This involves a sudden strong increase in anxiety/fear/panic. The trigger for panic attacks may be identified but they can also occur when there is no identifiable trigger. During panic episodes people can struggle to breathe, feel dizzy, feel nauseous, have palpitations, have an urge to go to the toilet, feel numb, have tingling sensations and feel faint. These physical symptoms are the body’s response to a perceived threat and, although highly unpleasant, they are not dangerous. However, these physical symptoms can lead to fears that one may stop breathing, faint, have a heart attack, die, become out of control/crazy or vomit. These fears, in turn, can intensify the unpleasant physical symptoms which can further fuel the fears.
After one or several panic attacks, fear of having future panic attacks may develop. As a result people may avoid situations altogether where they fear they are likely to experience another panic attack or they may go into feared situations whilst taking precautions. For example, if going into a group setting an individual who fears they might have a panic attack may position themselves near to the exit so they can escape quickly should panic set in. Following experiencing one or many panic attack(s) a person may lose their confidence in situations where they may have previously not have had a problem with confidence.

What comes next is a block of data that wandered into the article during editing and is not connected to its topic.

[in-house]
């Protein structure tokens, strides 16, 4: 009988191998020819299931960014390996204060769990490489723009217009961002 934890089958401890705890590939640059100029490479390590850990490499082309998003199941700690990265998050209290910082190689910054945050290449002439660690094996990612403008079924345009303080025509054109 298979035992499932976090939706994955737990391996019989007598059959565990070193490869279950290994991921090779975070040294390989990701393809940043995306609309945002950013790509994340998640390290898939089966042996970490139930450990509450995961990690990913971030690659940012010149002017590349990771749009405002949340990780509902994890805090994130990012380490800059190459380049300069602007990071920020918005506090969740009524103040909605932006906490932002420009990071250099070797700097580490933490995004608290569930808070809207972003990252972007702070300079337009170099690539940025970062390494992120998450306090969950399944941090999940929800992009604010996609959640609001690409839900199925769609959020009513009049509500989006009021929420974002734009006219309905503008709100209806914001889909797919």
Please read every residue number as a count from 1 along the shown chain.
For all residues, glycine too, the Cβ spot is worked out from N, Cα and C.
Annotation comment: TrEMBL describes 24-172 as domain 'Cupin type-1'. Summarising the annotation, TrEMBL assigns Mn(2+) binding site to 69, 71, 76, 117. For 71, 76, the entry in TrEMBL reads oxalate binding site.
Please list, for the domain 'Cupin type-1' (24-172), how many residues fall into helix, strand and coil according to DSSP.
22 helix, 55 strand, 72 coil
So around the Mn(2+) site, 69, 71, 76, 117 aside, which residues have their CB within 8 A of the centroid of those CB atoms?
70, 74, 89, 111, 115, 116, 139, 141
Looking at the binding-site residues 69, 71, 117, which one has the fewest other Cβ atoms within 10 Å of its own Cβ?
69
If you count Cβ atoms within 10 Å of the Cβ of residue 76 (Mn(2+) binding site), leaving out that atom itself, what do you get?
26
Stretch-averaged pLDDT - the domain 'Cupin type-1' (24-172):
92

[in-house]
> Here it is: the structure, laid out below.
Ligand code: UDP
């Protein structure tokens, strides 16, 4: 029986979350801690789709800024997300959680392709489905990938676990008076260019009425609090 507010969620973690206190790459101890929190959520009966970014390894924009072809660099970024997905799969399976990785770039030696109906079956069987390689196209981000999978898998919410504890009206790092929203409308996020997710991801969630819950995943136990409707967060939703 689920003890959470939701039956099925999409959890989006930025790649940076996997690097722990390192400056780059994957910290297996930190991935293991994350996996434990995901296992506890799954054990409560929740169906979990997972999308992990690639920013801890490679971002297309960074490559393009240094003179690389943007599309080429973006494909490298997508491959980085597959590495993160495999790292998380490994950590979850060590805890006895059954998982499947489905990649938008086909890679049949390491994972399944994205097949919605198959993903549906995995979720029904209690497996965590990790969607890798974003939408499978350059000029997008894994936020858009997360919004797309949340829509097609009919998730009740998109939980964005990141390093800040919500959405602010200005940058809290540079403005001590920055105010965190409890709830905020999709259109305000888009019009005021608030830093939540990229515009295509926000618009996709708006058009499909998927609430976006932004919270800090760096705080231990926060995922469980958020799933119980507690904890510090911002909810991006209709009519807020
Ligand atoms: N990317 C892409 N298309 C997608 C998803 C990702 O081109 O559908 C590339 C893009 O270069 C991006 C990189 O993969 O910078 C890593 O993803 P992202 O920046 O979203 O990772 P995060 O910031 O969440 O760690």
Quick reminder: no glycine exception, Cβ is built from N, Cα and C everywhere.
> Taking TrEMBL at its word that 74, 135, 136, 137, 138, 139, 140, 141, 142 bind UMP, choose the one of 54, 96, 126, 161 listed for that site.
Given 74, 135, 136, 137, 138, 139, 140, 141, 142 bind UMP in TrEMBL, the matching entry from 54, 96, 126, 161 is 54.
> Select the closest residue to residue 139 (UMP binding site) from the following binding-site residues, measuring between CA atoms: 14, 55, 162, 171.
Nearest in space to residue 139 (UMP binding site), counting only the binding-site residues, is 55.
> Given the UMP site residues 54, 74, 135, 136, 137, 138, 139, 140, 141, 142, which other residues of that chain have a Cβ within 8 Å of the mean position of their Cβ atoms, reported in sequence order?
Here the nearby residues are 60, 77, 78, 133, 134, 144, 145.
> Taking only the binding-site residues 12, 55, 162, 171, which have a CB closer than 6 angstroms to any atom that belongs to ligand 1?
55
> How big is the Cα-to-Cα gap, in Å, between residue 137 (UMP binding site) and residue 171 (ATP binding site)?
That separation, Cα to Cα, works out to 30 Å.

Treatment for Panic Attacks
Therapy for panic attacks is often based upon Cognitive Behavioural Therapy (CBT). CBT often involves firstly learning that the unpleasant physical sensations are your body’s normal response to perceived threat and are not dangerous. It’s actually your body trying to protect you! Relaxation techniques are introduced to help reduce the unpleasant physical symptoms. Fears are addressed through questioning and challenging them. One way to challenge them is by testing them out by gradually confronting your fears. You will learn that although avoiding situations and taking precautions when entering feared situations help to ease anxiety in the short term, in the longer term they keep anxiety going. Your therapist will guide you to gradually confront these situations and take precautions less. This will help you improve your anxiety and confidence. Confronting your fears may sound scary and is the opposite of what your brain and body are telling you to do. However, you will see that this is will soon get you on the road to recovery.
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